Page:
countrymen from the foreign yoke; and that, in the act of vanquishing Soubise, he was, unintentionally, rousing the spirit which soon began to question the literary precedence of Boileau and Voltaire. So strangely do events confound all the plans of man. A prince who read only French, who wrote only French, who aspired to rank as a French classic, became, quite unconsciously, the means of liberating half the Continent from the dominion of that French criticism of which he was himself, to the end of his life, a slave. Yet even the enthusiasm of Germany in favour of Frederic hardly equalled the enthusiasm of England. The birthday of our ally was celebrated with as much enthusiasm as that of our own sovereign; and at night the streets of London were in a blaze with illuminations. Portraits of the Hero of Rosbach, with his cocked hat and long pigtail, were in every house. An attentive observer will, at this day, find in the parlours of old-fashioned inns, and in the portfolios of print-sellers, twenty portraits of Frederick for one of George II. The sign-painters were every where employed in touching up Admiral Vernon into the King of Prussia. This enthusiasm was strong among religious people, and especially among the Methodists, who knew that the French and Austrians were Papists, and supposed Frederic to be the Joshua or Gideon of the Reformed Faith. One of Whitfield's hearers, on the day on which thanks for the battle of Leuthen were returned at the Tabernacle, made the following exquisitely ludicrous entry in a diary, part of which has come down to us : “ The Lord stirred up the King of Prussia and his soldiers to pray. They kept three fast days, and spent about an hour praying and singing psalms before they engaged the enemy.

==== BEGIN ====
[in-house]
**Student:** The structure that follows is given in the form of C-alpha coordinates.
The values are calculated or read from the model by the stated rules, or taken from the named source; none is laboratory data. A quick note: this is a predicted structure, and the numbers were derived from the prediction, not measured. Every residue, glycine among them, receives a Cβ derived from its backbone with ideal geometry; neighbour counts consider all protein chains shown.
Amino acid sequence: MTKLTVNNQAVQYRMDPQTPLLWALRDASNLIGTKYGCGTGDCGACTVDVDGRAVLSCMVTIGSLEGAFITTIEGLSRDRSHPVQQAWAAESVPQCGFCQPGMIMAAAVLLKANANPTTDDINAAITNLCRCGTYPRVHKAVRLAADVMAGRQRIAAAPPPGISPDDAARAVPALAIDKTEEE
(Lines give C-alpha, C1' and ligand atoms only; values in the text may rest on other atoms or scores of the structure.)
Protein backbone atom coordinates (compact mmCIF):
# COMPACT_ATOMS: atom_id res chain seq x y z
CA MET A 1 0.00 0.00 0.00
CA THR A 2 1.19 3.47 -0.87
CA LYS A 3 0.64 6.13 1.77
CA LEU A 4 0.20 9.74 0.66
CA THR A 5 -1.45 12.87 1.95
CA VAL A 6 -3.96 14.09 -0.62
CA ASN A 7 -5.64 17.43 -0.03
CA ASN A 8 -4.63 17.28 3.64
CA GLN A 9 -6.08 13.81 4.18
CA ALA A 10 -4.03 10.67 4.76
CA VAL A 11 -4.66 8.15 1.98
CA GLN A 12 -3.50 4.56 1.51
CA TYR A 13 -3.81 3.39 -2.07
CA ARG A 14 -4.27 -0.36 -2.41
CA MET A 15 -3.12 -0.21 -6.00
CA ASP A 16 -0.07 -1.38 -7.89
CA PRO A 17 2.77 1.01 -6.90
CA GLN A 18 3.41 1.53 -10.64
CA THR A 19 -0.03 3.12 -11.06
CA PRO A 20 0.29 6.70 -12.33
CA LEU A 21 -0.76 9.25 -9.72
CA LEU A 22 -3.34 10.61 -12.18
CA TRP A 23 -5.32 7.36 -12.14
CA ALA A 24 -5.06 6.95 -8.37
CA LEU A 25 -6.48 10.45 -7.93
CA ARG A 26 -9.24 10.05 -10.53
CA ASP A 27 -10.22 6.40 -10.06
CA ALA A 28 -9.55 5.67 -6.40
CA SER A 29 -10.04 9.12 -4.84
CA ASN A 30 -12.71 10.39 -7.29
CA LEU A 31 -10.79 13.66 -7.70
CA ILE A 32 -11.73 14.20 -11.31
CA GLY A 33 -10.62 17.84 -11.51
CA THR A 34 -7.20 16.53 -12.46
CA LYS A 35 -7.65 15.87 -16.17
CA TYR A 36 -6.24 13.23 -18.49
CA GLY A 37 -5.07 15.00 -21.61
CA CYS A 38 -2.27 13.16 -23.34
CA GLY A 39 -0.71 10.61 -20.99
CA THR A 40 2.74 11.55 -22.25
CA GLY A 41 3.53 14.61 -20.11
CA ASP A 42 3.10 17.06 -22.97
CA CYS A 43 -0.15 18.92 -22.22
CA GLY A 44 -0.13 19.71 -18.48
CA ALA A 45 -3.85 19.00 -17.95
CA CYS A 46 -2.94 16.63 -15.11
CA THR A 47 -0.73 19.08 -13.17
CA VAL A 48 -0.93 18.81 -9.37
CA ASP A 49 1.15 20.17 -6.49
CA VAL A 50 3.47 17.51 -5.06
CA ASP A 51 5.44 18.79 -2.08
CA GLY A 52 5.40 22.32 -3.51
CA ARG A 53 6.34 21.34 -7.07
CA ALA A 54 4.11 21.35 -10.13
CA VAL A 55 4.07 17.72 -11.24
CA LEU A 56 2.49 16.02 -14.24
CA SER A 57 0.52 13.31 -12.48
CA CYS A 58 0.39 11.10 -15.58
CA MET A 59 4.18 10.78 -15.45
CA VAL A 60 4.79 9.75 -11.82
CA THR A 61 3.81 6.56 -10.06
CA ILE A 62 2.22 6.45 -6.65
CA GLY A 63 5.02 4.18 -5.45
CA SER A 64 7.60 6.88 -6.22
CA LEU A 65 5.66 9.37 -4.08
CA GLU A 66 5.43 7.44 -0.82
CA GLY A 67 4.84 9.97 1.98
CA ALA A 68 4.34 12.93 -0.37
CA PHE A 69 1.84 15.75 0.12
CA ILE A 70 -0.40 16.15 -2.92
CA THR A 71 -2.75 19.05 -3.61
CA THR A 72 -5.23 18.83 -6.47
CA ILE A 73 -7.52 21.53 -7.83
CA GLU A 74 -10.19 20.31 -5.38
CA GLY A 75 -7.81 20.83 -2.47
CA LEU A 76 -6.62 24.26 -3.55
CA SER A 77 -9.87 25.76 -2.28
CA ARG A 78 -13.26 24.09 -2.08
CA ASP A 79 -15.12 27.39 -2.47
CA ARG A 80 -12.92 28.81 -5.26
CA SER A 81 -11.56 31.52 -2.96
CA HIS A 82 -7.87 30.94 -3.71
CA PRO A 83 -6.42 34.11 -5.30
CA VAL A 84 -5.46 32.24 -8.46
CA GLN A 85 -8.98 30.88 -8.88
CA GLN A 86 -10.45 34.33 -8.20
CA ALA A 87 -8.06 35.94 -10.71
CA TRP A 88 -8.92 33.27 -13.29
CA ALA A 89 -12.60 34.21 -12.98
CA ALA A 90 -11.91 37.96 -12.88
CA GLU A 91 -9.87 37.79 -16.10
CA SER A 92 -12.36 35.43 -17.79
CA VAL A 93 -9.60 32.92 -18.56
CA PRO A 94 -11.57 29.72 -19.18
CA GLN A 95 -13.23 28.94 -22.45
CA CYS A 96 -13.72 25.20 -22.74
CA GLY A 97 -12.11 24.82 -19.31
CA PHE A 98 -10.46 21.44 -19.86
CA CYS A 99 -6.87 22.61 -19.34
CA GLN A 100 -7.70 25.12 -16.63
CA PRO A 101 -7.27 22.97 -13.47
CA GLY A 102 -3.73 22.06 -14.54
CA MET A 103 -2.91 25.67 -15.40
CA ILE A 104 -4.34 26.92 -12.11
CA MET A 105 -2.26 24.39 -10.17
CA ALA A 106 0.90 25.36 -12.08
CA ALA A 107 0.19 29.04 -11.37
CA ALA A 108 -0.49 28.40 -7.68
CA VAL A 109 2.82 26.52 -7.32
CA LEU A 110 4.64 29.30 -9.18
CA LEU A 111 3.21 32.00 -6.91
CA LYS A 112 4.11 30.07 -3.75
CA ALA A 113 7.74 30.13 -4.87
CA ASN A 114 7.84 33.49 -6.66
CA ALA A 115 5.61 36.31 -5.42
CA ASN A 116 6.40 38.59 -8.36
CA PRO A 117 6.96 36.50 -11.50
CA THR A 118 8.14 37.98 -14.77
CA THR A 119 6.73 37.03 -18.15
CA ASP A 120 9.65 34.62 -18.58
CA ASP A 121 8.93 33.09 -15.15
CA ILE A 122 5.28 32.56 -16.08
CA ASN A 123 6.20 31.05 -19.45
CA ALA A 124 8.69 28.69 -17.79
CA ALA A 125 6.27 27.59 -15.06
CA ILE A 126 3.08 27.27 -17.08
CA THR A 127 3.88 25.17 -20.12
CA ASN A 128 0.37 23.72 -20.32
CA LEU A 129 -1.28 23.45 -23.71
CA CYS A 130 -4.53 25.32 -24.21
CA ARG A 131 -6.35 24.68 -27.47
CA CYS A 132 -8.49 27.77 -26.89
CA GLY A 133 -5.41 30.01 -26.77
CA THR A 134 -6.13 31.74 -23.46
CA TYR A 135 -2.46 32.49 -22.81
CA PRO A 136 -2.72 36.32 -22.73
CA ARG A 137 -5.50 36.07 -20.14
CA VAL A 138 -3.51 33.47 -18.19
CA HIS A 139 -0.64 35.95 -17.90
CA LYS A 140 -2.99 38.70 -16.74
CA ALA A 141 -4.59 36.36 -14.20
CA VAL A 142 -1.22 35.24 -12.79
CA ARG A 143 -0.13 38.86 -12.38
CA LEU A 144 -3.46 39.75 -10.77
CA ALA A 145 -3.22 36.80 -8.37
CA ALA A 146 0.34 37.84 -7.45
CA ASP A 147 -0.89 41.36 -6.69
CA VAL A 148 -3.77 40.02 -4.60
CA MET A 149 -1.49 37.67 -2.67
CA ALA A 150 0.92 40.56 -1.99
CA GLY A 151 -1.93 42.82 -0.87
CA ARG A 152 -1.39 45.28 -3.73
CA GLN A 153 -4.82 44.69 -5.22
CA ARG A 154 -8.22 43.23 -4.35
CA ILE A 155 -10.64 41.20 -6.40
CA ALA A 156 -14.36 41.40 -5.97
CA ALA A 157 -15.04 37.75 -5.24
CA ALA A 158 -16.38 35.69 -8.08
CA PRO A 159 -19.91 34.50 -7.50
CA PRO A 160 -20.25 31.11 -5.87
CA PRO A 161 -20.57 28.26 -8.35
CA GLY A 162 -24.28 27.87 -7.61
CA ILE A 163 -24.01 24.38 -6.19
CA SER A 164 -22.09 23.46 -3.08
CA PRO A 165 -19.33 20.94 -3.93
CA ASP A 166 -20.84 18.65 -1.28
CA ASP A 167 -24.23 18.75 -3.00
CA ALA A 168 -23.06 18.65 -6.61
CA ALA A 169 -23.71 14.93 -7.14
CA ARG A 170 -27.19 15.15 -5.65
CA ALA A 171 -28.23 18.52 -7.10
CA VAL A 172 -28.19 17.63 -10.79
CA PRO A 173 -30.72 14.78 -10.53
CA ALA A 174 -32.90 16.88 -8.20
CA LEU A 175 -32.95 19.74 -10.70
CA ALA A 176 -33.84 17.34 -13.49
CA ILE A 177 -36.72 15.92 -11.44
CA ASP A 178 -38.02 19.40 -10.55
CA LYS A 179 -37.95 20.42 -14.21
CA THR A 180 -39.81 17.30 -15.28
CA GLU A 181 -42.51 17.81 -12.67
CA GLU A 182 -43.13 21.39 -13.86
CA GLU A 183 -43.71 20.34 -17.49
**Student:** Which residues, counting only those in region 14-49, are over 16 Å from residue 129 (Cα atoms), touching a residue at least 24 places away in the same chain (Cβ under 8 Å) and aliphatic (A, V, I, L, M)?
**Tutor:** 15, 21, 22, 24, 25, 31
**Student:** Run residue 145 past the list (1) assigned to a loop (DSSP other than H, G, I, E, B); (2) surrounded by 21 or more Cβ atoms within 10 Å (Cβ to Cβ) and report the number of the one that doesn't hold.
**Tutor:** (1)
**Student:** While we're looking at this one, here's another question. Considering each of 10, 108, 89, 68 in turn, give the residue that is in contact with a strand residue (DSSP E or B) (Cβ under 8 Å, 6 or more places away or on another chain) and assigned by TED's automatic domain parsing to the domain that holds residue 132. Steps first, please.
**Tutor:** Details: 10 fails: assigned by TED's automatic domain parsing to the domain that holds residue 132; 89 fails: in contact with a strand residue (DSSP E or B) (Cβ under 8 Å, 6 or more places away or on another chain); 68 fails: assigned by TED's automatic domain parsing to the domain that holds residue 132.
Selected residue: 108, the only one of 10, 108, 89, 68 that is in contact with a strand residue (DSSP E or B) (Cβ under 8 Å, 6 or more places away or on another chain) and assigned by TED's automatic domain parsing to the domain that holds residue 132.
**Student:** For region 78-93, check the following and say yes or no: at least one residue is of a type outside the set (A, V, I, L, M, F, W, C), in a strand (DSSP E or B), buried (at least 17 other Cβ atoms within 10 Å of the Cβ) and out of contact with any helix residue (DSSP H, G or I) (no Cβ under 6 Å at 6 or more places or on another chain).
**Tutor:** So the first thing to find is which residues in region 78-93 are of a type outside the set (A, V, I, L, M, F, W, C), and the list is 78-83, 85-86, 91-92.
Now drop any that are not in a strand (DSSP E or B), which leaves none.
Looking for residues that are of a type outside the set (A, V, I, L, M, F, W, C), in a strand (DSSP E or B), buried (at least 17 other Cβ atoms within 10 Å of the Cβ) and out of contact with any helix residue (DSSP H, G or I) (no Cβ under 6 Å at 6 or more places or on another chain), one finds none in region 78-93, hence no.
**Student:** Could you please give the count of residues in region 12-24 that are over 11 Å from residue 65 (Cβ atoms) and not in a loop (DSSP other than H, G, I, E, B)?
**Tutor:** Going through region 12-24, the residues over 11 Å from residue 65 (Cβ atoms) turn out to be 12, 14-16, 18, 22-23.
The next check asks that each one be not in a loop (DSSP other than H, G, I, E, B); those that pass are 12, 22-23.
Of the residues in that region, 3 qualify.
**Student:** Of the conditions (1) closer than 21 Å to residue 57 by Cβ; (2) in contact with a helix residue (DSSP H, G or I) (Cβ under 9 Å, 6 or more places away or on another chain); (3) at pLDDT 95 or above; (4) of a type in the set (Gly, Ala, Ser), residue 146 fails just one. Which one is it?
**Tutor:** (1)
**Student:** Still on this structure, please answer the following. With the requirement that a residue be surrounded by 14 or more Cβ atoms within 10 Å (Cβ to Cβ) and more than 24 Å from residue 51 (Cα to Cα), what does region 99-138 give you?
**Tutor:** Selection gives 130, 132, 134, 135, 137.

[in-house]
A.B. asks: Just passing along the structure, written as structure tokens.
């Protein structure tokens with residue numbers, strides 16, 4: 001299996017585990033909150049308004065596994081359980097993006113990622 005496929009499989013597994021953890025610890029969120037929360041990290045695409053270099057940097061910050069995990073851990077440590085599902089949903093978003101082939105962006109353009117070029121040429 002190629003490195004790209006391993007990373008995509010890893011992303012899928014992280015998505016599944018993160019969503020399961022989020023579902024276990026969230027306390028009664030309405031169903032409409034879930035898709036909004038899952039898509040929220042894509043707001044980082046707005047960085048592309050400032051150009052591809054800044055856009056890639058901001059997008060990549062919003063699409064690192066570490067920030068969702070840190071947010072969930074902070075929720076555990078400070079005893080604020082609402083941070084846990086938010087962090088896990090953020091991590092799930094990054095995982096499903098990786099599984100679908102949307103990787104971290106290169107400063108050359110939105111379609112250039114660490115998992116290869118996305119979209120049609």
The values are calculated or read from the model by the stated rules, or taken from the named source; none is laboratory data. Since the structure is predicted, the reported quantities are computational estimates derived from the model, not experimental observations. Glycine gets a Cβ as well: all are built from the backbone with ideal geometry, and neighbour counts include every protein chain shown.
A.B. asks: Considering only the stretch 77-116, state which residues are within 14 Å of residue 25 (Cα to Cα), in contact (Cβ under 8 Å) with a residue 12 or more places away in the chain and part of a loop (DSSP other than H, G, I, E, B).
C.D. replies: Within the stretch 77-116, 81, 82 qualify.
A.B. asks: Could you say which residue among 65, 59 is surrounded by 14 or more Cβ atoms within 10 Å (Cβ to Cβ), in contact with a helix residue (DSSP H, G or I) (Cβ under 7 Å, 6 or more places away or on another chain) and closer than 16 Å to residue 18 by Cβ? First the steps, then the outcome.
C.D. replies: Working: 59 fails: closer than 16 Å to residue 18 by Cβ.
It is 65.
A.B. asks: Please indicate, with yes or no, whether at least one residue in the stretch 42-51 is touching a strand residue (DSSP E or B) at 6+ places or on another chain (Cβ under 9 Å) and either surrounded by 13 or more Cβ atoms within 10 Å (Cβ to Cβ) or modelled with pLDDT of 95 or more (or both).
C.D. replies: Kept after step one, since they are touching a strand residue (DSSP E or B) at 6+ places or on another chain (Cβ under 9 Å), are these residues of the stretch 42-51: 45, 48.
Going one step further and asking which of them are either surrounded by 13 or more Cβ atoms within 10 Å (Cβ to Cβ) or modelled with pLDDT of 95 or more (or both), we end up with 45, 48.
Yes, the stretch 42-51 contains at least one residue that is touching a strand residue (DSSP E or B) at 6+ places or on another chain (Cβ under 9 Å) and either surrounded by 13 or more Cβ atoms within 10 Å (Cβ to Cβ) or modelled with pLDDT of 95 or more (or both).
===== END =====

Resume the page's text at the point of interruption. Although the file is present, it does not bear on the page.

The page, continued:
O! how good it is to pray and fight!” Some young Englishmen of rank proposed to visit Germany as volunteers, for the purpose of learning the art of war under the greatest of commanders. This last proof of British attachment and admiration, Frederic politely but firmly declined. His camp was no place for amateur students of military science. The Prussian discipline was rigorous even to cruelty. The officers, while in the field, were expected to practise an abstemiousness and self-denial such as was hardly surpassed by the most rigid monastic orders. However noble their birth, however high their rank in the service, they were not permitted to eat from any thing better than pewter. It was a high crime even in a count and field-inarshal to have a single silver spoon among his baggage. Gay young Englishmen of twenty thousand a

year, accustomed to liberty and to luxury, would not casily submit to these Spartan restraints. The King could not venture to keep them in order as he kept his own subjects in order. Situated as he was with respect to England, he could not well imprison or shoot refractory Howards and Cavendishes. On the other hand, the example of a few fine gentlemen, attended by chariots and livery servants, eating in plate, and drinking Champagne and Tokay, was enough to corrupt his whole army. He thought it best to make a stand at first, and civilly refuse to admit such dangerous companions among his troops.